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B.T. Bullock students learn about careers

SANFORD — It’s never too early to start planning for the future, and B.T. Bullock Elementary whole-heartedly agrees. 

Third-, fourth- and fifth-graders got a peak into some real-world jobs at Career Day. Representatives from several companies and organizations — ranging from orthodontics, journalism, law enforcement and everything in-between — volunteered their time to teach students about different occupations.

Principal Stefanie Clarke said Career Day offered students the opportunity to think about their futures.

We know that we are preparing our students for their bright futures as leaders,” she said. “Career Day is an engaging and interactive way to expose our students to a variety of careers to pique their interest.” 

Clarke said Bullock’s Guidance Counselor Megan O'Shaughnessy thoughtfully selected guests — from a wide variety of careers — to educate students on occupations and stimulate interaction with community members.

Dave Ragan, volunteer at Habitat for Humanity and retired dentist, brought various tools to construct houses with for the students to try out.

“The kids like that it’s interactive,” he said. “Some ask questions and some just want to play. Even if they don’t do construction, maybe they’ll be DIY people.”

Ragan also noted how job exposure, even at such a young age, is beneficial. 

“I think it’s good for them to be able to interact with people here,” he said. “Then they can get an idea of what subjects they like so they can take the classes needed for it,” he said.

Sanford Herald Journalist Zach Horner thought Career Day was a great way to broaden the students’ horizons.

“With the younger kids, their bubbles aren’t as big, so it’s good to show them variety,” he said. “I would’ve benefitted from just being exposed to the different opportunities.”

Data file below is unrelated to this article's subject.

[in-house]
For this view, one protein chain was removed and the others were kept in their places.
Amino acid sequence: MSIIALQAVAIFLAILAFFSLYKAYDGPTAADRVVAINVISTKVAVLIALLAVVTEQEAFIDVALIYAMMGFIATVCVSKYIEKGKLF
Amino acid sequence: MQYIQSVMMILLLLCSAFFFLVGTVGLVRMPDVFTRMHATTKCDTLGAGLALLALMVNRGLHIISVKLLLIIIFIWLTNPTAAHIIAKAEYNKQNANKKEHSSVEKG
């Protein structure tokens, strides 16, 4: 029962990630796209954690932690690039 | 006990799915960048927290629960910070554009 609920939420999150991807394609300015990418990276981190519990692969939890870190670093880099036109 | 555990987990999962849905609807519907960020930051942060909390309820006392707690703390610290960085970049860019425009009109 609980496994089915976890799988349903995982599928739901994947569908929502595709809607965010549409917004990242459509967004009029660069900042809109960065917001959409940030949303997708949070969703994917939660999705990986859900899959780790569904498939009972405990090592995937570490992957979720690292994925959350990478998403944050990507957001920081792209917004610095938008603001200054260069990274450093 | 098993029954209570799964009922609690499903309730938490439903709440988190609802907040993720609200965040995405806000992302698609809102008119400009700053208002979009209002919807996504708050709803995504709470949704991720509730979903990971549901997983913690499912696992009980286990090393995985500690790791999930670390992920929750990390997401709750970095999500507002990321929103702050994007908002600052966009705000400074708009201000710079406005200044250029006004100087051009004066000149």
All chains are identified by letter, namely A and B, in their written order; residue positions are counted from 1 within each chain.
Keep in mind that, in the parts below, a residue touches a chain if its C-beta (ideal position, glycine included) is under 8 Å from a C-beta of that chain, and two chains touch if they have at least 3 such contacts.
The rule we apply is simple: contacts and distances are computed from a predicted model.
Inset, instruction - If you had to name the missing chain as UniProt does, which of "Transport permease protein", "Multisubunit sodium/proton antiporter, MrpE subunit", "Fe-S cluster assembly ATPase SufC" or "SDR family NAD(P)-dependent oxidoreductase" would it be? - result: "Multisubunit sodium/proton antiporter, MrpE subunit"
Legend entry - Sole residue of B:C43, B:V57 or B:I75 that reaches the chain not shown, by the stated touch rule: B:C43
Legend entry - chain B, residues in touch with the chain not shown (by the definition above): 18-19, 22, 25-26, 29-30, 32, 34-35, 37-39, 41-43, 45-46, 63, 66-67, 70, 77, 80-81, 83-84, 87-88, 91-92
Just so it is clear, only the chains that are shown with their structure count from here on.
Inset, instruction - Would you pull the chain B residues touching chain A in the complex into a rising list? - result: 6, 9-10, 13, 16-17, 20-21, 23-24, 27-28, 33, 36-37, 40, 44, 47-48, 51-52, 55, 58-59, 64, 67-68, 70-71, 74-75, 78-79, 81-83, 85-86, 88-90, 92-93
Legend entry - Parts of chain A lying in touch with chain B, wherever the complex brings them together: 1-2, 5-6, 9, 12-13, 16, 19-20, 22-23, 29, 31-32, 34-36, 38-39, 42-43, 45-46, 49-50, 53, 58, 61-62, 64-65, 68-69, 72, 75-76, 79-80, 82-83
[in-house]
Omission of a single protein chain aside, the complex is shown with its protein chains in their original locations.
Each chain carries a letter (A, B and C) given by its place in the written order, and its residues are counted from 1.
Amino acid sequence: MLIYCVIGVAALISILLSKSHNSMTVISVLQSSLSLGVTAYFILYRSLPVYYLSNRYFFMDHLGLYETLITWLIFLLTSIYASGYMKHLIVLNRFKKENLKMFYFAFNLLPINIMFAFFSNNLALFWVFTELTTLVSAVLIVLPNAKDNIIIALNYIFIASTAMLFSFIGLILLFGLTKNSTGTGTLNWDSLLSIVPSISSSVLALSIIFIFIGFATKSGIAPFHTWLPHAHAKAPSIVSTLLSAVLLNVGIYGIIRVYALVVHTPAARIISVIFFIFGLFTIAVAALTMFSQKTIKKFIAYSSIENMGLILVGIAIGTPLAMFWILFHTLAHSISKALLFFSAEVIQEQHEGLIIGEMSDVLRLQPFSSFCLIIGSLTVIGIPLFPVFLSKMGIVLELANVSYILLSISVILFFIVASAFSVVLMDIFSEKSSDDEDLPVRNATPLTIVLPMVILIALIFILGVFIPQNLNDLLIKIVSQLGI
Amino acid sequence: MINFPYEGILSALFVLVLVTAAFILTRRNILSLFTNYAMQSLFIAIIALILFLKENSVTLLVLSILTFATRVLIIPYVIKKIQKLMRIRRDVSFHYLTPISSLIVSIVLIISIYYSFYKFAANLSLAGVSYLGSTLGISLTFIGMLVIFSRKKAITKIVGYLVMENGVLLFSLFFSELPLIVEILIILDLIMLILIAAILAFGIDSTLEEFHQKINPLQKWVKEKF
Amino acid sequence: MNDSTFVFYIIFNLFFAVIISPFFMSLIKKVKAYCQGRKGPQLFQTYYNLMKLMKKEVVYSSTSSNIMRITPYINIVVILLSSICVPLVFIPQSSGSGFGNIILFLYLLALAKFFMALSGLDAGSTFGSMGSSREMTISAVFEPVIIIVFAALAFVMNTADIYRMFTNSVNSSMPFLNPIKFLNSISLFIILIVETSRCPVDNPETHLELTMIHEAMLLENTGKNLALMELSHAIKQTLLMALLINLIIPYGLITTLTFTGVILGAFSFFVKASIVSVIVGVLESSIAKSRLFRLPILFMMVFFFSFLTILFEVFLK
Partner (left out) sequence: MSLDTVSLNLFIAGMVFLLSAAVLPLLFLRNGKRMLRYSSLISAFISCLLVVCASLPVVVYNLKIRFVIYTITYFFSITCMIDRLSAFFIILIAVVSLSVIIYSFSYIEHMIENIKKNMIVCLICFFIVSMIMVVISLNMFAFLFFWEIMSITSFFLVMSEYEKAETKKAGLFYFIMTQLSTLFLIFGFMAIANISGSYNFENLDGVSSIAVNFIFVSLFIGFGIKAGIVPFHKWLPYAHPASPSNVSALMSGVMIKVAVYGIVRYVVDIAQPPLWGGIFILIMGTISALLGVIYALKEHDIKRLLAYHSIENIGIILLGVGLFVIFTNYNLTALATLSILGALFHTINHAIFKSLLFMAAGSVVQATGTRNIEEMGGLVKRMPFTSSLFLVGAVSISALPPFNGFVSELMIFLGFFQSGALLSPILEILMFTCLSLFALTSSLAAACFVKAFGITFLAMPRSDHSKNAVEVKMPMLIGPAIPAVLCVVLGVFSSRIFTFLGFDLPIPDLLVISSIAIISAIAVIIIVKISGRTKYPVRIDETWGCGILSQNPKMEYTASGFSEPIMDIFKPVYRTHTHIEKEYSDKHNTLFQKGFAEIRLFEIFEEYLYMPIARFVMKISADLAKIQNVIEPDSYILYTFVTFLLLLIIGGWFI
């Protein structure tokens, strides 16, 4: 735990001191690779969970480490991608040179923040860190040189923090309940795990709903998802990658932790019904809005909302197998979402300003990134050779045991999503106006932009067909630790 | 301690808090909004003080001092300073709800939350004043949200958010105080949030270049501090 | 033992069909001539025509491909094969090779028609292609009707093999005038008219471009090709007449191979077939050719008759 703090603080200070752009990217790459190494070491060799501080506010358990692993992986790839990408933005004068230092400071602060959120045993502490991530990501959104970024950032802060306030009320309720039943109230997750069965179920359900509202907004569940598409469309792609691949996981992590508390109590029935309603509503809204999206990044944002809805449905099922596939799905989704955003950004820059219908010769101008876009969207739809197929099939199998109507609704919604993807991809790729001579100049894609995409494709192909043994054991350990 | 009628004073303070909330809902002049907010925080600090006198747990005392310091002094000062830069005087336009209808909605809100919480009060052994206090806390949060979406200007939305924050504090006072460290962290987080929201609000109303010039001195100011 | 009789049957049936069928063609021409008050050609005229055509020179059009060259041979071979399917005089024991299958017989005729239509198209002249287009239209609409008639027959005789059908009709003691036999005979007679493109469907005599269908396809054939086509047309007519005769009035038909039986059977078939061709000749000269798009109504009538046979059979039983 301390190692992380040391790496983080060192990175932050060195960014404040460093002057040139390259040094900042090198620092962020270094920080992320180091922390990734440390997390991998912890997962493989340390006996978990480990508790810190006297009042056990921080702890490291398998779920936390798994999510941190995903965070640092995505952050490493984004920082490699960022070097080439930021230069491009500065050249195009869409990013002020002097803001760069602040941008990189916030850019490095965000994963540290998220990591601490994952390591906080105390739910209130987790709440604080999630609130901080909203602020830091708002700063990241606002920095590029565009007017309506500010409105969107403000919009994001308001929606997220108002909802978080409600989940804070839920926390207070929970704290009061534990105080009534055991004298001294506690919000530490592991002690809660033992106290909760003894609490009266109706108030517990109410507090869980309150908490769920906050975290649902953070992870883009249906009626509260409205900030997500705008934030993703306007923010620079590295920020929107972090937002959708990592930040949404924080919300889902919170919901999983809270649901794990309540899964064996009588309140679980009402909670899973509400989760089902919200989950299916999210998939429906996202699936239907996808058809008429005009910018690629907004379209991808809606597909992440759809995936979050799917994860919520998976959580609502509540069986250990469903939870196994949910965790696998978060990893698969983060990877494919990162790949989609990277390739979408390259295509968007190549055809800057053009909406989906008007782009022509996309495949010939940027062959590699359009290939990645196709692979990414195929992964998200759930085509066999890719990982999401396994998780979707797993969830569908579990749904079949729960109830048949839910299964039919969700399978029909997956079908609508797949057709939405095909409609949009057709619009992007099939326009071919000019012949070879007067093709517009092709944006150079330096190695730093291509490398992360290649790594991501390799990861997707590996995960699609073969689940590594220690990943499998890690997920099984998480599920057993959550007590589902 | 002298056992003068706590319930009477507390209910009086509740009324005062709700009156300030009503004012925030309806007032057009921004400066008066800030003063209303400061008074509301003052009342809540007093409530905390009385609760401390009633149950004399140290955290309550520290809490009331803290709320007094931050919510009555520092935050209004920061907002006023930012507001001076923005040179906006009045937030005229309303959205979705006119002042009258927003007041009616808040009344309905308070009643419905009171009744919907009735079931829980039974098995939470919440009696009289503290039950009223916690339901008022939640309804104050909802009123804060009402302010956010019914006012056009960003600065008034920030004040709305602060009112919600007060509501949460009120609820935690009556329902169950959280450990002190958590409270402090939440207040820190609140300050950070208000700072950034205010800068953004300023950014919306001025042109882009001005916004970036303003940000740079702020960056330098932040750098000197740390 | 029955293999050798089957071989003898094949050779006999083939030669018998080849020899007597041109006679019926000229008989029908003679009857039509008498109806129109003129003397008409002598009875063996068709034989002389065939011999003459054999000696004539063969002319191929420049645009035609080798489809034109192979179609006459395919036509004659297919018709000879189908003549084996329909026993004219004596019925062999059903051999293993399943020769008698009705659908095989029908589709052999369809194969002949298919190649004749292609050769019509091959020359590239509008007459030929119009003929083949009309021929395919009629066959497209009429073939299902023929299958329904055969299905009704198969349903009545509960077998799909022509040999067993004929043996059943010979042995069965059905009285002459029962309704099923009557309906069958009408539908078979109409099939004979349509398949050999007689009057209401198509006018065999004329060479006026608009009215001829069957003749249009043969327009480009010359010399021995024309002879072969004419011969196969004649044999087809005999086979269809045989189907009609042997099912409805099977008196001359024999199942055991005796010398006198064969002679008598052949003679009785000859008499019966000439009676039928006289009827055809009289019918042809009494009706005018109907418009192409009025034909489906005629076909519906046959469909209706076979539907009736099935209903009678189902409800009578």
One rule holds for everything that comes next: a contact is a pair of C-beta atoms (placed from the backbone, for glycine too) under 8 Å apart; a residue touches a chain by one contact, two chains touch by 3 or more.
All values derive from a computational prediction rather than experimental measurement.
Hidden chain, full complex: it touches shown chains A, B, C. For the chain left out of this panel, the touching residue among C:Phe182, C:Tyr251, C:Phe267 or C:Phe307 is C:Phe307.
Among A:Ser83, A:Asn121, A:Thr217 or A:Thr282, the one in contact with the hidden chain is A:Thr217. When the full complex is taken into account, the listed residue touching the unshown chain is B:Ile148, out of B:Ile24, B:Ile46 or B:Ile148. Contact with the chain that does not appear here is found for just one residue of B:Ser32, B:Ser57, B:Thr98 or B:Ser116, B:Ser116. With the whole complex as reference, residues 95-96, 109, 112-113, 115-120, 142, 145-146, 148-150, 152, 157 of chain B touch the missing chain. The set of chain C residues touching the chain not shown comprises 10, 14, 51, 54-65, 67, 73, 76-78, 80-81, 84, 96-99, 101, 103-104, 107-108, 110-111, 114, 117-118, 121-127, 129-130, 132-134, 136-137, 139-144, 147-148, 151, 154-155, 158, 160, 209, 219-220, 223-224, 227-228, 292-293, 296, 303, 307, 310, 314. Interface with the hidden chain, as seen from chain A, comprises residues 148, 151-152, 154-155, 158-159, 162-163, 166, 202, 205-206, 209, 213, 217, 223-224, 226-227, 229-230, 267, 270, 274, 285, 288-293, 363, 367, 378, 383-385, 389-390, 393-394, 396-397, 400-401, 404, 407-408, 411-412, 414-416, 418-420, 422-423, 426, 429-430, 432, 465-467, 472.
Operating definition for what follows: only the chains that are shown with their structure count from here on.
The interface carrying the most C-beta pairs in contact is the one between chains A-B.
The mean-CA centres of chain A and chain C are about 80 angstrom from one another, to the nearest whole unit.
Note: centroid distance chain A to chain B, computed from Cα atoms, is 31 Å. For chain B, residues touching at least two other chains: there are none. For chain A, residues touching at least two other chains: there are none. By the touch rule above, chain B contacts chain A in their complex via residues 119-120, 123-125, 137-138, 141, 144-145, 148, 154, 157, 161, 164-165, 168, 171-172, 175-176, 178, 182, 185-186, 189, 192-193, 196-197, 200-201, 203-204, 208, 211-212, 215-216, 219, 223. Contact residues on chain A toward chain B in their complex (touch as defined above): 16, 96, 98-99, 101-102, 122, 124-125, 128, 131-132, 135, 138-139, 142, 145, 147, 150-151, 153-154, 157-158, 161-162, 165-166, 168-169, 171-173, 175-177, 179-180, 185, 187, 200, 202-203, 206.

Horner is hoping the students will look into journalism as a career.

“I hope they’re all journalists in the future,” he said. “They’re learning a lot of things right now that can be applied to journalism: writing, reading, reading comprehension, even history. I hope they all want to work at the Herald one day.” 

While Ameriah Jones and Mackenzie Bowles, both third-graders, didn’t have journalism at the top of their career lists, they were inspired by a couple of the booths and volunteers participating in Career Day.

“I thought it was cool to learn about the [WWGP and WFJA] radio stations,” Jones said. “I want to sing and dance when I grow up, maybe I can sing on the radio.”

Bowles liked Pfizer’s purification table the best.

“We learned about vaccines,” she said. “I want to be a nurse or a doctor someday and help make people feel better.”

And if students are exposed to the real world sooner, they’ll have a better idea of how to navigate their futures. Clarke felt this notion gives students an advantage.

When our students realize that their unique talents, skills and interests can be used in a specific career, it allows them to dream big and start to create a plan for their future,” she said.